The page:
Do you have a favourite story that you’ve written?
I was looking through a cattle sale report one day and saw a low security correctional facility for men had sold some steers. I tracked down the number and was subsequently invited out to do a story. It was amazing to see these men given the opportunity to grow themselves and invest in a positive future simply by being out in the fresh air and working with the environment.
I was warmly welcomed into their temporary confine. Many of the men had made terrible, unforgivable mistakes but the centre was a safe space for them to learn new skills and become confident in the world again. I hoped this opportunity would ultimately lead to self awareness and, mostly importantly, forgiveness.
I have little moments like this, when talking to people, where I feel changed forever. This day was just – whoa.
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What does your freelancing week look like?
Usually the work I do comes through word of mouth and, while I do honour my work as a freelance journalist, I am having to subsidise my career through hands-on agricultural projects which includes working part time on a cattle property. Finishing up my full time job left me a little despondent and I’ve been taking some time off in order to focus on making sure I’m happy and healthy in every aspect of my life.
What advice would you give to a freelance writer wanting to make the leap into full time freelancing?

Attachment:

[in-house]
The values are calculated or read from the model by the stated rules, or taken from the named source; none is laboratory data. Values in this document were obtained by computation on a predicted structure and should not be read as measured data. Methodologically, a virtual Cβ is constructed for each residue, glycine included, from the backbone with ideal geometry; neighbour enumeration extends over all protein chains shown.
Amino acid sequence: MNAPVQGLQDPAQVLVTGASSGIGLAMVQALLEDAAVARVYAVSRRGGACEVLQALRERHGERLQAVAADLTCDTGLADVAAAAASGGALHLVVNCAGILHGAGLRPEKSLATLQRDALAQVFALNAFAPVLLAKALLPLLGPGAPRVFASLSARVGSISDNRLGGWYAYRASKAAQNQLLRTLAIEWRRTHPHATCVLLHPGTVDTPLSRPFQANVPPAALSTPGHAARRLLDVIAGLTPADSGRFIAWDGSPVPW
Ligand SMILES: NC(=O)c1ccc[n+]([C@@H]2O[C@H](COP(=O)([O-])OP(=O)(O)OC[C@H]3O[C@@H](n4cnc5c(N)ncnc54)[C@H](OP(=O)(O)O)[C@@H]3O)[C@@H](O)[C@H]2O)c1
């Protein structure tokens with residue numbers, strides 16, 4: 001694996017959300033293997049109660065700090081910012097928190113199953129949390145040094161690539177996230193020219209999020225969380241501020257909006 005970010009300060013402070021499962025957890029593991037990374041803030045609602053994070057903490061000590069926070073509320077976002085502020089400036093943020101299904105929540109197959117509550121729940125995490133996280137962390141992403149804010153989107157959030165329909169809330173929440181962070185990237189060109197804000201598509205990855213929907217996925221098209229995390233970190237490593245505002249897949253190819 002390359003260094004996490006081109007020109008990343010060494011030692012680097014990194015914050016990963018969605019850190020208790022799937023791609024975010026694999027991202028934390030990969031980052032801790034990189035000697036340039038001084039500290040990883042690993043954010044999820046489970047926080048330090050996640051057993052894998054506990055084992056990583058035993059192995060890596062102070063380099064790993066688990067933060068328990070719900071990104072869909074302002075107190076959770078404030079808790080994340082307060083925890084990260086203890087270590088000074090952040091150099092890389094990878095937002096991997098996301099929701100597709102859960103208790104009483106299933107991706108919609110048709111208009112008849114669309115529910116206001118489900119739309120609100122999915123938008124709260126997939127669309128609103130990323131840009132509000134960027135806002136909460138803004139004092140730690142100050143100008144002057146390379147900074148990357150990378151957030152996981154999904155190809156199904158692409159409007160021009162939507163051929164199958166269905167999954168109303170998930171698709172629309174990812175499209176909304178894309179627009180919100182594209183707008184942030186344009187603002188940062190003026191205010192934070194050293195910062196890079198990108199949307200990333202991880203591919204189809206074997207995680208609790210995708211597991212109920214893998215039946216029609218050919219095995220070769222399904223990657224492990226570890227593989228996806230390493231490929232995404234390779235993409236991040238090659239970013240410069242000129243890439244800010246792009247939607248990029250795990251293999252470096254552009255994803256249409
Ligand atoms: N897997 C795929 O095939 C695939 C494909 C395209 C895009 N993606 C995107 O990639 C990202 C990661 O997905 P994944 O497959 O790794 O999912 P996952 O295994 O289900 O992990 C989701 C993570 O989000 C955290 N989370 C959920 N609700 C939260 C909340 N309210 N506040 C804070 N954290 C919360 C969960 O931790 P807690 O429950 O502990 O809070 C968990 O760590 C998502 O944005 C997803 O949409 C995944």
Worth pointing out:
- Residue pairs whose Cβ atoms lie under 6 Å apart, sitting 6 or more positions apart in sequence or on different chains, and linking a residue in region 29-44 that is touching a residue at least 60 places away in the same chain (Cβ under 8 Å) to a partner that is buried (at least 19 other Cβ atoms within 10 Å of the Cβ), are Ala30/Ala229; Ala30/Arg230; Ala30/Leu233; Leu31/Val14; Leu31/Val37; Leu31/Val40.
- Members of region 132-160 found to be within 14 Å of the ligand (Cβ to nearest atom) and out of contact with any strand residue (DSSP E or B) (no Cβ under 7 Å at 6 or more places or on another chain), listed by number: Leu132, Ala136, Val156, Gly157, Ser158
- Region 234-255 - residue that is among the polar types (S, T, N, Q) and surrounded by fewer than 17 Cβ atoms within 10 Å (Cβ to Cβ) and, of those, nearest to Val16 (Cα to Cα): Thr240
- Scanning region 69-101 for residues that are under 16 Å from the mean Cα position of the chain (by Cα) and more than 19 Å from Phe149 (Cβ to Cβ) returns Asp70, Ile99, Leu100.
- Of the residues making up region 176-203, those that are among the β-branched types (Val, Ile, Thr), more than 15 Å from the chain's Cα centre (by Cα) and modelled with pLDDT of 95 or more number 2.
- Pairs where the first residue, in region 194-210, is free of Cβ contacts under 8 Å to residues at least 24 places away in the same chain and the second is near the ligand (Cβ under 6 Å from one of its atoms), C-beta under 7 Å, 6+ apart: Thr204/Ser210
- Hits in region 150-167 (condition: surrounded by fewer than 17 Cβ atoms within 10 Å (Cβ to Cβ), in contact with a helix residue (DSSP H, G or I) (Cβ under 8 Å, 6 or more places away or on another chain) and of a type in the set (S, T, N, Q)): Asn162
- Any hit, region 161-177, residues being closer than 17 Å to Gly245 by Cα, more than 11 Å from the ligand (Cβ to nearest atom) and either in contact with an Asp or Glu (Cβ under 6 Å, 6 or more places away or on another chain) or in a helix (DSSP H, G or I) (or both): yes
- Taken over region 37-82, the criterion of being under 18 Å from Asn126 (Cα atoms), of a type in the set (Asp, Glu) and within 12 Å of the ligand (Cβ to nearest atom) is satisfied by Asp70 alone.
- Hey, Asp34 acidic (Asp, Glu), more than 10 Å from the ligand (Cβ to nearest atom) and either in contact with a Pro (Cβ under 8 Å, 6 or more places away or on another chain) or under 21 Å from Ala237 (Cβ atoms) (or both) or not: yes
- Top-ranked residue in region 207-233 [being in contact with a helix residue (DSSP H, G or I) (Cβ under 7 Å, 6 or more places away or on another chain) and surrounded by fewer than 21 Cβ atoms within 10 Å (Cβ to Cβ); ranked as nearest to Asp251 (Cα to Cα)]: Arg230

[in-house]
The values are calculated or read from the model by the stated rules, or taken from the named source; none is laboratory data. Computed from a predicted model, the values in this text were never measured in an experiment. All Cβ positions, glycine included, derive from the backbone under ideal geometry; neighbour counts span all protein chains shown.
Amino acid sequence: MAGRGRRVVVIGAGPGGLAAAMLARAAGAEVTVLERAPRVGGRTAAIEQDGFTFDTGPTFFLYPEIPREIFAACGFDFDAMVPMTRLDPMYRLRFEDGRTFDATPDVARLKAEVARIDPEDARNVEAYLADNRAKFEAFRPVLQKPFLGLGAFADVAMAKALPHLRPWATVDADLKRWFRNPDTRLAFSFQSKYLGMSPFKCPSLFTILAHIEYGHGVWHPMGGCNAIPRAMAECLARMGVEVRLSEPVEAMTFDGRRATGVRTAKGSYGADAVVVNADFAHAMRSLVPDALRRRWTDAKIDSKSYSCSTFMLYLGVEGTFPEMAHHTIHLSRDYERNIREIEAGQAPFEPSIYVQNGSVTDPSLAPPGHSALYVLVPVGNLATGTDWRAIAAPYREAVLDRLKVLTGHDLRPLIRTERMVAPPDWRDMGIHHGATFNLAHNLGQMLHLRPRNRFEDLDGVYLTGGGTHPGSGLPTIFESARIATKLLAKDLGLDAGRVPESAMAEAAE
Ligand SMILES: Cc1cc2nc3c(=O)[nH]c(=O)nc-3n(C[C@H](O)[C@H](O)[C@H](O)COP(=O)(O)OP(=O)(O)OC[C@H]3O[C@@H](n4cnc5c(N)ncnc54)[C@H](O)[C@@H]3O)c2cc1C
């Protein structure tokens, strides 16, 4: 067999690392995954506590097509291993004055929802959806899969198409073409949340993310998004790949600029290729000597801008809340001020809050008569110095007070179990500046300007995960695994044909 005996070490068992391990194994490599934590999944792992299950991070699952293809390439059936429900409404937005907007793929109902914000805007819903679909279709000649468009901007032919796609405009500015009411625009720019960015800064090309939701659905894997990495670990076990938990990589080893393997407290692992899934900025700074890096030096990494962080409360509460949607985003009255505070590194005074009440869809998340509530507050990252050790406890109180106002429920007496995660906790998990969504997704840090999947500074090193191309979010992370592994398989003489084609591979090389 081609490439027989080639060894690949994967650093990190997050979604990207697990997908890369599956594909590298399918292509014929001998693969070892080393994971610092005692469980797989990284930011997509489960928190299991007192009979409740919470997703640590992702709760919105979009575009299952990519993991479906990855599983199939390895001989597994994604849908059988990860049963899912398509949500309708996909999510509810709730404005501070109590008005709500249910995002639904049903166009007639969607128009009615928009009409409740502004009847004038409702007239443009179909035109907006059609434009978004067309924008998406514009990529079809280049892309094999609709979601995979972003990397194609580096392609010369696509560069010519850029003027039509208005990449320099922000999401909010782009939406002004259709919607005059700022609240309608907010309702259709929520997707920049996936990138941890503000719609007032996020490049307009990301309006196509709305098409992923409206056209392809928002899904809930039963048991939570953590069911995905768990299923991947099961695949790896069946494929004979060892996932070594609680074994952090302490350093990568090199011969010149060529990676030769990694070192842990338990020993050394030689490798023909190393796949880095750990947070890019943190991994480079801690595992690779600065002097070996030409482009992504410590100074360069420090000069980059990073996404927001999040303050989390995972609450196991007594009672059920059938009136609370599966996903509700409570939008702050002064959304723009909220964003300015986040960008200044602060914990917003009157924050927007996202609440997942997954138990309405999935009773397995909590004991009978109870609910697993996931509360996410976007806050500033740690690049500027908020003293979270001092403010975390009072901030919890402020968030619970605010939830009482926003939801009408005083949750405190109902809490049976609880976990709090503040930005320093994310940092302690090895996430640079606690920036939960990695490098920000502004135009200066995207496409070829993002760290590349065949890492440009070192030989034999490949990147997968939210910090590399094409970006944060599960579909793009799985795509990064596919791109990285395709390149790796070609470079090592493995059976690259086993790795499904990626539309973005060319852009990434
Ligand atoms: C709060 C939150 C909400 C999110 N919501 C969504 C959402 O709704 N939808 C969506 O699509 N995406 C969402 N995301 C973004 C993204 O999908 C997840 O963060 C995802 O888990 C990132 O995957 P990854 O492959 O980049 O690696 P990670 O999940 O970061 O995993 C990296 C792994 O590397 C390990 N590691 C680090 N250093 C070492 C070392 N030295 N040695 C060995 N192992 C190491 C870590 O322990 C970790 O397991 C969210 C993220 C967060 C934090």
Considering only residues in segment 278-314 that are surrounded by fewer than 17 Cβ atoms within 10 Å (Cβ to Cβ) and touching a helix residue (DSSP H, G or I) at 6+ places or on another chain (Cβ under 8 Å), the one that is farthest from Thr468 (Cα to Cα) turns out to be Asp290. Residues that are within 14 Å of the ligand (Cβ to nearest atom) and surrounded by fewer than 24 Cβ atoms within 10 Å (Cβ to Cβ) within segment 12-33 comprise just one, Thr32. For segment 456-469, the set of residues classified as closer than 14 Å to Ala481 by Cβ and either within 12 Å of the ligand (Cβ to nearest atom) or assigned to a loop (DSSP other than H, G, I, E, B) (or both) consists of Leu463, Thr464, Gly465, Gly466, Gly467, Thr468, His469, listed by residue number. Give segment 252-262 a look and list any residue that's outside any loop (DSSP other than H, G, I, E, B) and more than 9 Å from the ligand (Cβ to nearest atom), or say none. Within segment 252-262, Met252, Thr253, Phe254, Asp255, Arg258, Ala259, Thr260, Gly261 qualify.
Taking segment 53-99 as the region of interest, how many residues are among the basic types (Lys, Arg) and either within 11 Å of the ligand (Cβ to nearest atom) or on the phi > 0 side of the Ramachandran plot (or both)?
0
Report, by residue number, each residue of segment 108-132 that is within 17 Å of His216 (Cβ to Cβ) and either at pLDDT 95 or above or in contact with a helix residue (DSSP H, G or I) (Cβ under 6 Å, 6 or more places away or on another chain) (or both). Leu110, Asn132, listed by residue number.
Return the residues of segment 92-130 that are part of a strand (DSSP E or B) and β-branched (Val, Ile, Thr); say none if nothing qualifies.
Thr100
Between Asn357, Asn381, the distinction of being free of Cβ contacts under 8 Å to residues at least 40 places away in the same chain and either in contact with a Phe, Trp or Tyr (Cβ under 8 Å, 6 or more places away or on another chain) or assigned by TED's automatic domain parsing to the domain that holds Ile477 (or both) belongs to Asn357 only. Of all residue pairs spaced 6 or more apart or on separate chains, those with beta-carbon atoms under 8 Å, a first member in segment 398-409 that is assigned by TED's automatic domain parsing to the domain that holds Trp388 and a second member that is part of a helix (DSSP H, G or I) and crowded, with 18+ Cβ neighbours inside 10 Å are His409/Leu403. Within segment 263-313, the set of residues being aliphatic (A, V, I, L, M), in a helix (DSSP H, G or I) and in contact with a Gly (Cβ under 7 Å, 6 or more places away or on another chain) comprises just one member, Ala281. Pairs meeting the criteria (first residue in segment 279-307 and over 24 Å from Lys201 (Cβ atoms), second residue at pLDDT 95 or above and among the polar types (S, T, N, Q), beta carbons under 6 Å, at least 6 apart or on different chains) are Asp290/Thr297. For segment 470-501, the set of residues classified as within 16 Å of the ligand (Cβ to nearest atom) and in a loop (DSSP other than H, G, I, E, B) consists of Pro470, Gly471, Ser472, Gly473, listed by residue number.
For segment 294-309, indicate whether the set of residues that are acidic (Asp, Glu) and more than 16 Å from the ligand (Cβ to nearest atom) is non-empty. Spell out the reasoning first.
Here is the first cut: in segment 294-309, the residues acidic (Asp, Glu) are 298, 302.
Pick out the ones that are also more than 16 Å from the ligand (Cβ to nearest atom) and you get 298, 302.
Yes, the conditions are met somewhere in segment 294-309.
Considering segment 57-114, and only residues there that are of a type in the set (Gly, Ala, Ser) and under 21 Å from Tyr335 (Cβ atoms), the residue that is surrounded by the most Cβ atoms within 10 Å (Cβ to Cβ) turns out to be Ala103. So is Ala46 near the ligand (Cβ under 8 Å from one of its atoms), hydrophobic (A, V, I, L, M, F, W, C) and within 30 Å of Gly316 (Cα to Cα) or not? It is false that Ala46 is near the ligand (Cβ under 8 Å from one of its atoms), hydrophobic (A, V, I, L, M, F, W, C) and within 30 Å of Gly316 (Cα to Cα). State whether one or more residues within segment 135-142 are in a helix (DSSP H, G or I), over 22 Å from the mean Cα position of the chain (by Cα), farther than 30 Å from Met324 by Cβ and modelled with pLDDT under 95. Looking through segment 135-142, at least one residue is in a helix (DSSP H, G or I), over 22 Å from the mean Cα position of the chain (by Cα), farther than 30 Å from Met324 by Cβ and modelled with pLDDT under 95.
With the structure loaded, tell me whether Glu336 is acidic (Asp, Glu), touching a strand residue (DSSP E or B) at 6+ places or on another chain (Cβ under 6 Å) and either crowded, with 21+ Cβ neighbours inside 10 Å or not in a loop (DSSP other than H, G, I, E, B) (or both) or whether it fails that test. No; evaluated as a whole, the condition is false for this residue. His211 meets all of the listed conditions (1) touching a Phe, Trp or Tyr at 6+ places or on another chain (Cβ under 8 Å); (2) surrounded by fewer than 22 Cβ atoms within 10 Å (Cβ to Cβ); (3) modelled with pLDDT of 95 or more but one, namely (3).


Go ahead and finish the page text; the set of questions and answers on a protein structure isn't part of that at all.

I think the biggest thing, for me, is the complete and utter shift in lifestyle that going freelance can bring. I used to work extremely long hours and my physical and mental health were beginning to suffer. Working for yourself can bring great freedom but the cost is in the effort you make so you remain in the game – you aren’t going to get work if nobody knows you exist.
I think being confident, capable and having great people skills certainly helps. I have some really wonderful friends who work freelance and they were incredibly helpful and supportive when I came to them with questions.
I think the best advice I could give about being in a competitive industry is to make sure you surround yourself with people who are going to lift you up and ensure your success.
What’s next for you?
Last year gifted me with some much-needed time to stabilise and get into the groove of working freelance. This year, I’m really looking forward to more of the same. I honestly feel like I’m in a great position to just keep doing what I’m doing. Yes, I would like to be challenged – but there is a limit and it’s always good to know what you’re capable of. I don’t feel like I have to be aggressive about seeking out work. I think some of the best jobs I’ve ever been offered were ones that approached me first and, in saying that, I know I am very fortunate.
How can people get in touch with you?
Or, if you’re feeling really keen, you can check out my Instagram adventures at ‘_katestark_’.